Even if I crank up the energy, I still do not get blue light. I get white light under Full Global Illumination. What I want is blue light over a larger area.

PS: I left the light_range object in the scene. Simply enable it to render the dual object solution.


268_cycles_super_phat_bass_reprocess_1a.blend (656 KB)

Now understand. You never get what you want. With current handware level, monitors cannot make light that bright, and always clip max at some range. That white things is not bug, in reality colors in picture are blue. You can workaround that problem savin picture in float point format (EXR?) and do “tone mapping” trickery as post pro. Some commercial renderers and Luxrender can do that on fly, Cycles not.

If you not believe, little demonstration - open Color management panel settings, and try to change “Exposure” slider as scene rendering. You will get blue light as slider go left, but almost all image go black, as “dymanic range” of that scene is huge and not fit any monitor dynamic range.

P.S. I suggest use compositor, tone map with some “fog glow” will make you picture very “pro” look even with very high light strength, just tweak tonemap paremeters a bit ot seatch examples (keywords “fog glow” and “tone mapping” in compositor related forum)

Atom, try switching on MIS for Sun.

@eppo: Thanks, using MIS and turning on the Sun does help a bit. I still wonder about actual time for an acceptable final render. Even if I increase samples dramatically I still get noise in the scene.

Here is my render stopped @1,500 samples. This took 3:31 seconds on my GPU accelerated machine. Yours is posted @576 samples but looks better. Were there any other tweaks you made before rendering?


Hi @Atom. Recently I have made this render:

I’m satisfied with the light effect I got. The setup is as follows:

Basically it works so: If the ray is Camera Ray, I use a mix of emission/glossy shaders with fresnel as factor; if not I use an emission shader. This let you to use different strengths so you can set a lower value for camera rays, avoiding the white spot in your render. Testing this I found that the result is better if you mix again the previous mix of emission/glossy shaders with another emission shader.

If you want to see the render with compositing glow effect it is here.

NOTE: The glossy effect in the emission is very light. You must tweak strengths in all the lights of your scene to see it. Also if you monitor don’t have a wide color range you won’t see it. You can check if you see glossiness in these renders (they have it!).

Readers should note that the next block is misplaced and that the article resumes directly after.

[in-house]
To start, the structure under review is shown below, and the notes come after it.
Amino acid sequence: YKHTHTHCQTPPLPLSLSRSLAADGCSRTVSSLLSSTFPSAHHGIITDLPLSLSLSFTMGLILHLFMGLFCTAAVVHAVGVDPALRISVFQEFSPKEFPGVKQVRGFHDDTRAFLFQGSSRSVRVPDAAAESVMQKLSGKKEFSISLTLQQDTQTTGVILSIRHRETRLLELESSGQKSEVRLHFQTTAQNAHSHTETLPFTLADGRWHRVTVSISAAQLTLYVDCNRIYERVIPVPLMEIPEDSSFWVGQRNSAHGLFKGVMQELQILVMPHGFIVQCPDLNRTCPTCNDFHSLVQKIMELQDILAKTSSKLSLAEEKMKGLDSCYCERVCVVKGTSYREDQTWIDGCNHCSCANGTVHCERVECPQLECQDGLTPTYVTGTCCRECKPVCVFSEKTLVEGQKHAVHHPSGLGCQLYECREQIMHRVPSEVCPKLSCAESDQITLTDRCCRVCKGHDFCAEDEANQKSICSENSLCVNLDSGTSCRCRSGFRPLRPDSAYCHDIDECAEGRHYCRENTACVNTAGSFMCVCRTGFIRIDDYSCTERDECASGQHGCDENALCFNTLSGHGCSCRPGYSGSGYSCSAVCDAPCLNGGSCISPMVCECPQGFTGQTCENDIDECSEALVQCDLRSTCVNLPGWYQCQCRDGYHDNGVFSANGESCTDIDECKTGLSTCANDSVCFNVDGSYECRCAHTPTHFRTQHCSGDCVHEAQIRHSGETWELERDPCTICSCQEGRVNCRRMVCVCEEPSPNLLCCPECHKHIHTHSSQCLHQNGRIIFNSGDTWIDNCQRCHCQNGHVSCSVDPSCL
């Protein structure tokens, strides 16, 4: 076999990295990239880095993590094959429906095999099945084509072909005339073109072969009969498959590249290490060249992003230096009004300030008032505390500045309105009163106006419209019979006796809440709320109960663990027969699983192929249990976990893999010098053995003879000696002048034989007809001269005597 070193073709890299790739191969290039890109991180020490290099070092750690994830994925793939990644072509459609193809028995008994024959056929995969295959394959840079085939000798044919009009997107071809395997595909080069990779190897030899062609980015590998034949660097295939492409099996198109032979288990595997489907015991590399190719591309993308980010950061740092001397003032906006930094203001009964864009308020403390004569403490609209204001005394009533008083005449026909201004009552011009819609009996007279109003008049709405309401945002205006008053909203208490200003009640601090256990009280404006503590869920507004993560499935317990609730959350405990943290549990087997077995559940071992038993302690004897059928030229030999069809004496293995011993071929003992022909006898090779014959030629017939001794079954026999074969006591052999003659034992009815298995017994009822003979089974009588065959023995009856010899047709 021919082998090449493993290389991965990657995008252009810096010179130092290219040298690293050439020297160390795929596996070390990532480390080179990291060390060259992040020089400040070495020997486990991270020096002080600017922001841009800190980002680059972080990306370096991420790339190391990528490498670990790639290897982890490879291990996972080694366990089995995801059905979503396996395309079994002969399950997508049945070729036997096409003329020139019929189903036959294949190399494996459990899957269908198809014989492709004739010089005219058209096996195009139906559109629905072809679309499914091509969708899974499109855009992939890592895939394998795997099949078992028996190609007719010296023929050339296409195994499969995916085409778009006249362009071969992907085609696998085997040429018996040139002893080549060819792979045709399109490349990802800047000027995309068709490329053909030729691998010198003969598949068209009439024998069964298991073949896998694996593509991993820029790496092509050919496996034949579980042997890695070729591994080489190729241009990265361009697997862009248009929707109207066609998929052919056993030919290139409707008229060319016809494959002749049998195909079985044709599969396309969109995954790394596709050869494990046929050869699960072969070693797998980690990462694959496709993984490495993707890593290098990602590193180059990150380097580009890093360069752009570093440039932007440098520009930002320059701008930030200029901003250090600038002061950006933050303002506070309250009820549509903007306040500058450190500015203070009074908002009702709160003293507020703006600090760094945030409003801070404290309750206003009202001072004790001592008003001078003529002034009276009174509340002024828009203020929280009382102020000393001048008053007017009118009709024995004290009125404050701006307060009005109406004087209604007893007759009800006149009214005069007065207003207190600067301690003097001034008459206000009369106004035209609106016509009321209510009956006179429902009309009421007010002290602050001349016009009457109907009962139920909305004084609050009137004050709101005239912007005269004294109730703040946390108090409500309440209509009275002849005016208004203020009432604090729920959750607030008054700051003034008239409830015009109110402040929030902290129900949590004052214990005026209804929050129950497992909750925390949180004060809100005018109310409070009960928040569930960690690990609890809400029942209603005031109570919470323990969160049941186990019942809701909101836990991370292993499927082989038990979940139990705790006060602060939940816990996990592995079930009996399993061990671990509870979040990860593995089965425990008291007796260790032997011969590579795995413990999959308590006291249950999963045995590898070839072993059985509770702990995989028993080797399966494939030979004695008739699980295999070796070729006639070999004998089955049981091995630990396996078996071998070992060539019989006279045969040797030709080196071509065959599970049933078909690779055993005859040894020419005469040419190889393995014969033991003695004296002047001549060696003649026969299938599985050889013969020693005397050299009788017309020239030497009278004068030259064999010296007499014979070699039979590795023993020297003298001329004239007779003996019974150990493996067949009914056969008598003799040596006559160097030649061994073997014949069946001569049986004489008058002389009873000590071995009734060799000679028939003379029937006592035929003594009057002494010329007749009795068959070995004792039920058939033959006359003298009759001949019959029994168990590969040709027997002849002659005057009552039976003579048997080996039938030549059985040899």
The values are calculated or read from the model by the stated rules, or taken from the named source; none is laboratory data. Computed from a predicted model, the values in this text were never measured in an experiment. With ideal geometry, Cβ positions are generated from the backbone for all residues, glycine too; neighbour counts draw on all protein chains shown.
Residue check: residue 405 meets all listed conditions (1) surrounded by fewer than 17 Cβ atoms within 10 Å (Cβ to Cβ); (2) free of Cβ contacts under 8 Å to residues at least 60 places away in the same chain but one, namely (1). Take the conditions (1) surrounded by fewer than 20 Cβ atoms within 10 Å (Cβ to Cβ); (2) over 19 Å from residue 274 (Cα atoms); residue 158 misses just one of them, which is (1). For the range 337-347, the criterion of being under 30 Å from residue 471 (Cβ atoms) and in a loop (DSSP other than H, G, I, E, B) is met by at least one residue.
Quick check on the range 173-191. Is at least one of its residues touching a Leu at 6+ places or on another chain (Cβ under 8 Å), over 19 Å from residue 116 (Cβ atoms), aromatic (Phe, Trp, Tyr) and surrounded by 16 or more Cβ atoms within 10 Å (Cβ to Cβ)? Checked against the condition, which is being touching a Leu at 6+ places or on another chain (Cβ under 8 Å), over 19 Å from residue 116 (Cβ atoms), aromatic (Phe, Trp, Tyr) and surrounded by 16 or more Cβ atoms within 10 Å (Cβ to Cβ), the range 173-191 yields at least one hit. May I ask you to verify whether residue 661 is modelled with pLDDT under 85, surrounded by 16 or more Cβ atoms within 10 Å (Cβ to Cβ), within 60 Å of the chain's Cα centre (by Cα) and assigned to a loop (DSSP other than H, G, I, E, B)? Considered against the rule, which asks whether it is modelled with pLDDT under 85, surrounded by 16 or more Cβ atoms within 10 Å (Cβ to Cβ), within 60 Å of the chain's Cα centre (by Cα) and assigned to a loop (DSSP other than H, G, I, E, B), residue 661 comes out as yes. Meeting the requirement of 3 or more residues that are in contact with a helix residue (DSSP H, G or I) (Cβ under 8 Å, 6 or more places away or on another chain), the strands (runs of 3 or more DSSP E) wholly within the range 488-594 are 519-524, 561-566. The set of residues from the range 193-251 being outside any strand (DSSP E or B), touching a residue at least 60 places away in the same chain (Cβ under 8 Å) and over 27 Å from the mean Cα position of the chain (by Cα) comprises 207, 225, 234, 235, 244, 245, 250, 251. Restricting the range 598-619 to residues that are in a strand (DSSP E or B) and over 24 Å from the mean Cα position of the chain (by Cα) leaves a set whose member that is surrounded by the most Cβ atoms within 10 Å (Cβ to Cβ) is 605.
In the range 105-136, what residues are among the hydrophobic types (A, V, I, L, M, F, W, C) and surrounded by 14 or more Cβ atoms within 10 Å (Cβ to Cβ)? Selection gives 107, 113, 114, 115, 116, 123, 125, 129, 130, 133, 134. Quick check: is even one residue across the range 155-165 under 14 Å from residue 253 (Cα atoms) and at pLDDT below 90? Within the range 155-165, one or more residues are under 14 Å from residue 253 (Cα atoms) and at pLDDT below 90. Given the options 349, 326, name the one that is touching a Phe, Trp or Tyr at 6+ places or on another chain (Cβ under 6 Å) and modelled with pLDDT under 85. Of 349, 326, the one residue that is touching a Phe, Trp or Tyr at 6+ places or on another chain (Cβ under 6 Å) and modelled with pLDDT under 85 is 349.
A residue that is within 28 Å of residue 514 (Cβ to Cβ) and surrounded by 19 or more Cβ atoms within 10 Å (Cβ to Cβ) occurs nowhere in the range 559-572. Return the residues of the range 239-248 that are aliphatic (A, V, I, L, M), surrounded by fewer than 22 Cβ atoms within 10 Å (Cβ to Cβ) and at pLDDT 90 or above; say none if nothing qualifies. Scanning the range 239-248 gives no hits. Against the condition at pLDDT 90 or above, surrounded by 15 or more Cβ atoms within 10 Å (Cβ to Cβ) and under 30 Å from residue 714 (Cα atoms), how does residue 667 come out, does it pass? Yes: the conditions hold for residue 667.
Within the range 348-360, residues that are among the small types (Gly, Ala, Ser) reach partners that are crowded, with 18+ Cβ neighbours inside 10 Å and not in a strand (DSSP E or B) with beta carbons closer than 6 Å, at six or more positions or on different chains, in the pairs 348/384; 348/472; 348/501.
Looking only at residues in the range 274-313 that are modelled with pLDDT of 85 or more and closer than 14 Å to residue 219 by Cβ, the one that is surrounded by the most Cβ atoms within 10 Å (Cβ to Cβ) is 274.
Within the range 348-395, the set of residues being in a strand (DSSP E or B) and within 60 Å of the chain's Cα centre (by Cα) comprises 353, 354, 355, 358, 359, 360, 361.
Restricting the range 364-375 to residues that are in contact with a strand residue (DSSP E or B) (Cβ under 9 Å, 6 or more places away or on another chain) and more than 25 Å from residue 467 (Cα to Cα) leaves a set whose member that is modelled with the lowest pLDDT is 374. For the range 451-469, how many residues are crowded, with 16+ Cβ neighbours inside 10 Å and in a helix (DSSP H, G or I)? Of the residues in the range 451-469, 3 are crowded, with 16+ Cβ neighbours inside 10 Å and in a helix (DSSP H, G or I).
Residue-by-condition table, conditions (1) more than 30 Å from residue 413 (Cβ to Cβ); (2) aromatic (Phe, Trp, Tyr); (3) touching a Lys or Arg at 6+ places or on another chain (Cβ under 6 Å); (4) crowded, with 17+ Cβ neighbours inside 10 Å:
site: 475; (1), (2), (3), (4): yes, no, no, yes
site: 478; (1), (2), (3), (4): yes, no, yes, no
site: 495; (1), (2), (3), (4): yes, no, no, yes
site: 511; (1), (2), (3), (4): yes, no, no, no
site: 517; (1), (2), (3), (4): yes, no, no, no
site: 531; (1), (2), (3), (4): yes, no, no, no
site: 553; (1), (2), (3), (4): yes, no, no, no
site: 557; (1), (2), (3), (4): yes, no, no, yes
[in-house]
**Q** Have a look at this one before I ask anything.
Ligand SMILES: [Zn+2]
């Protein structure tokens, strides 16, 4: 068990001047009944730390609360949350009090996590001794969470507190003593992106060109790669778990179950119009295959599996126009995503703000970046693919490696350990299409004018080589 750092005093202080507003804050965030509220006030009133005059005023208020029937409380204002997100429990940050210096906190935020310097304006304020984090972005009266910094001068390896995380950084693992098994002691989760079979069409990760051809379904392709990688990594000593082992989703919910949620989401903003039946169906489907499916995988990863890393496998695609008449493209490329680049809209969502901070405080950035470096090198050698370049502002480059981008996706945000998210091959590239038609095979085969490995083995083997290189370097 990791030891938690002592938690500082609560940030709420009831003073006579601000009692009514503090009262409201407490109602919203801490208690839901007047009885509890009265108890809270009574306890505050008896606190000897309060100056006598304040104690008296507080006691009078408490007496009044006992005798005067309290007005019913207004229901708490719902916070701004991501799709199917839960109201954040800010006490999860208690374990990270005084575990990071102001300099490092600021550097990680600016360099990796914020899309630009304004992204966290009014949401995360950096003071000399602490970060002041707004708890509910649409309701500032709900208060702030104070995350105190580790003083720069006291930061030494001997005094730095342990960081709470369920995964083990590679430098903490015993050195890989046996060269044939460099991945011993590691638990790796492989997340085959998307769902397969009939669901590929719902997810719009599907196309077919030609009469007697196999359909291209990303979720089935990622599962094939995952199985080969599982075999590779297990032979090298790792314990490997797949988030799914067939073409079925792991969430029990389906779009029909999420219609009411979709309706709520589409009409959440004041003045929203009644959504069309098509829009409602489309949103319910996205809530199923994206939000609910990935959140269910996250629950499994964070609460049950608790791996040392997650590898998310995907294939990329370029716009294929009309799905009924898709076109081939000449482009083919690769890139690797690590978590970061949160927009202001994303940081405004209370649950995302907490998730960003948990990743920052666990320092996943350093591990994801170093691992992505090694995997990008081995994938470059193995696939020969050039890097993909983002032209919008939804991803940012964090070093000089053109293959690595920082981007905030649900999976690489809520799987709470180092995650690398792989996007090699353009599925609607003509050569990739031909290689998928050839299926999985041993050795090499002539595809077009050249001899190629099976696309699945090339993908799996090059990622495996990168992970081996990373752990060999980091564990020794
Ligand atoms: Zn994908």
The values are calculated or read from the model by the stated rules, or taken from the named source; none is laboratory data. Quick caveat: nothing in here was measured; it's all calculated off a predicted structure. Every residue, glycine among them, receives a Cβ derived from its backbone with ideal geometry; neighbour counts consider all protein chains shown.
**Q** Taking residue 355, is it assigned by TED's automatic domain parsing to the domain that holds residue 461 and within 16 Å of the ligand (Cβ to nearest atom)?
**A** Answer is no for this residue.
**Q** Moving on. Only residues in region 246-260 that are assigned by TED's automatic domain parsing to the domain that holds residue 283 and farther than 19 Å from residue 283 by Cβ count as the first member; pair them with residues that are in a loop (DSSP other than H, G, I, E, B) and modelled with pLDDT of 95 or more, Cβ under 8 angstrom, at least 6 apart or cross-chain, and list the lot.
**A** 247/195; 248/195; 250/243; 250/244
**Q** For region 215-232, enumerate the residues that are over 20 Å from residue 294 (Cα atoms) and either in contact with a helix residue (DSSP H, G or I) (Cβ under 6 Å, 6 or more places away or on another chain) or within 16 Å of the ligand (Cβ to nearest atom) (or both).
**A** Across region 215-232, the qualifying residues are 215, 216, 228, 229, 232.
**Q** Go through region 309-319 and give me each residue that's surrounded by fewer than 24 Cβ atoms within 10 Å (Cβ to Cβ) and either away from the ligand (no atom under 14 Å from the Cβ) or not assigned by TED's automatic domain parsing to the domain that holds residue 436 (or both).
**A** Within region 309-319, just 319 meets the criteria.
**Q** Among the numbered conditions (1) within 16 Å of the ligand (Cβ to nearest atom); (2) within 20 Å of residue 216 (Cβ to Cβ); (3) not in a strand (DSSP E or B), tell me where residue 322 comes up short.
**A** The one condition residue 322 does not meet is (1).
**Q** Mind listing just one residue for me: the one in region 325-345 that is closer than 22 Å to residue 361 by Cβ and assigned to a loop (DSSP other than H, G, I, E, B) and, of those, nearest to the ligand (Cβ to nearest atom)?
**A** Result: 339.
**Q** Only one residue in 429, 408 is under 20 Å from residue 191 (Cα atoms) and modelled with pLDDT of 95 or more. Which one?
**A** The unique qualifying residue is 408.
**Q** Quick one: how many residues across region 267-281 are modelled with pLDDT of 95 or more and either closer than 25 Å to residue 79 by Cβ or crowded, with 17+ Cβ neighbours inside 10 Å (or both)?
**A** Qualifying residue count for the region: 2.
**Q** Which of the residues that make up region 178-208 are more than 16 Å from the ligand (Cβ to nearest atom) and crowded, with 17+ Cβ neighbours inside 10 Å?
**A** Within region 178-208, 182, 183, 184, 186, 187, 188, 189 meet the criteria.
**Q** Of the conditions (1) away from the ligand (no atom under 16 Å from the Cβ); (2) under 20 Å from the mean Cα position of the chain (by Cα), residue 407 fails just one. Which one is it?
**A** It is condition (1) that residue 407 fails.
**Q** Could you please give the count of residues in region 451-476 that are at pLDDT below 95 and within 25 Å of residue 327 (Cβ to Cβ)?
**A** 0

It would help if the metal supports were using an anisotropic shader. Lighting in cycles depends a lot on bounce. Much like the real world. If all the materials around the emitter are diffuse, much less light will be bounced around and that will result in less light overall.

Terribly sorry, since we are in different time zones: file is back home and i’ll add it in 5 hours or so. I was toying a bit with render parameters due to initially it was a bit grainy; that might have had some impact of course.

Edit: Here is it as i took screenshot

I think you are seeing the physically accurate part of cycles - imagine taking a photograph (digital or film) of a similar setup - you can get the light to be colored itself, but the surroundings will be invisible, and if you make your medium sensitive enough to see the surroundings, the light will have blown out.
An everyday example is to photograph someone in a room lit only by light from a window. If the window is in the picture it will be washed out, or the room will be too dark and you usually have to choose one or the other unless your camera does HDR.

So, fake, since we do not have all the time in Universe.
With a slightly modified light source 600 samples for full size render on GTX560 give this

I found out before, that you can actually alter the falloff of the light if you string the light falloff node’s linear output through a few math nodes (it won’t work on the quadratic version).

An old example of custom light falloff.

For your situation, you can start with this setup and rework it to give it a very long range with slow falloff.

Thanks Ace, I wonder if a curves node could be thrown in there to make it a more visual based adjuster?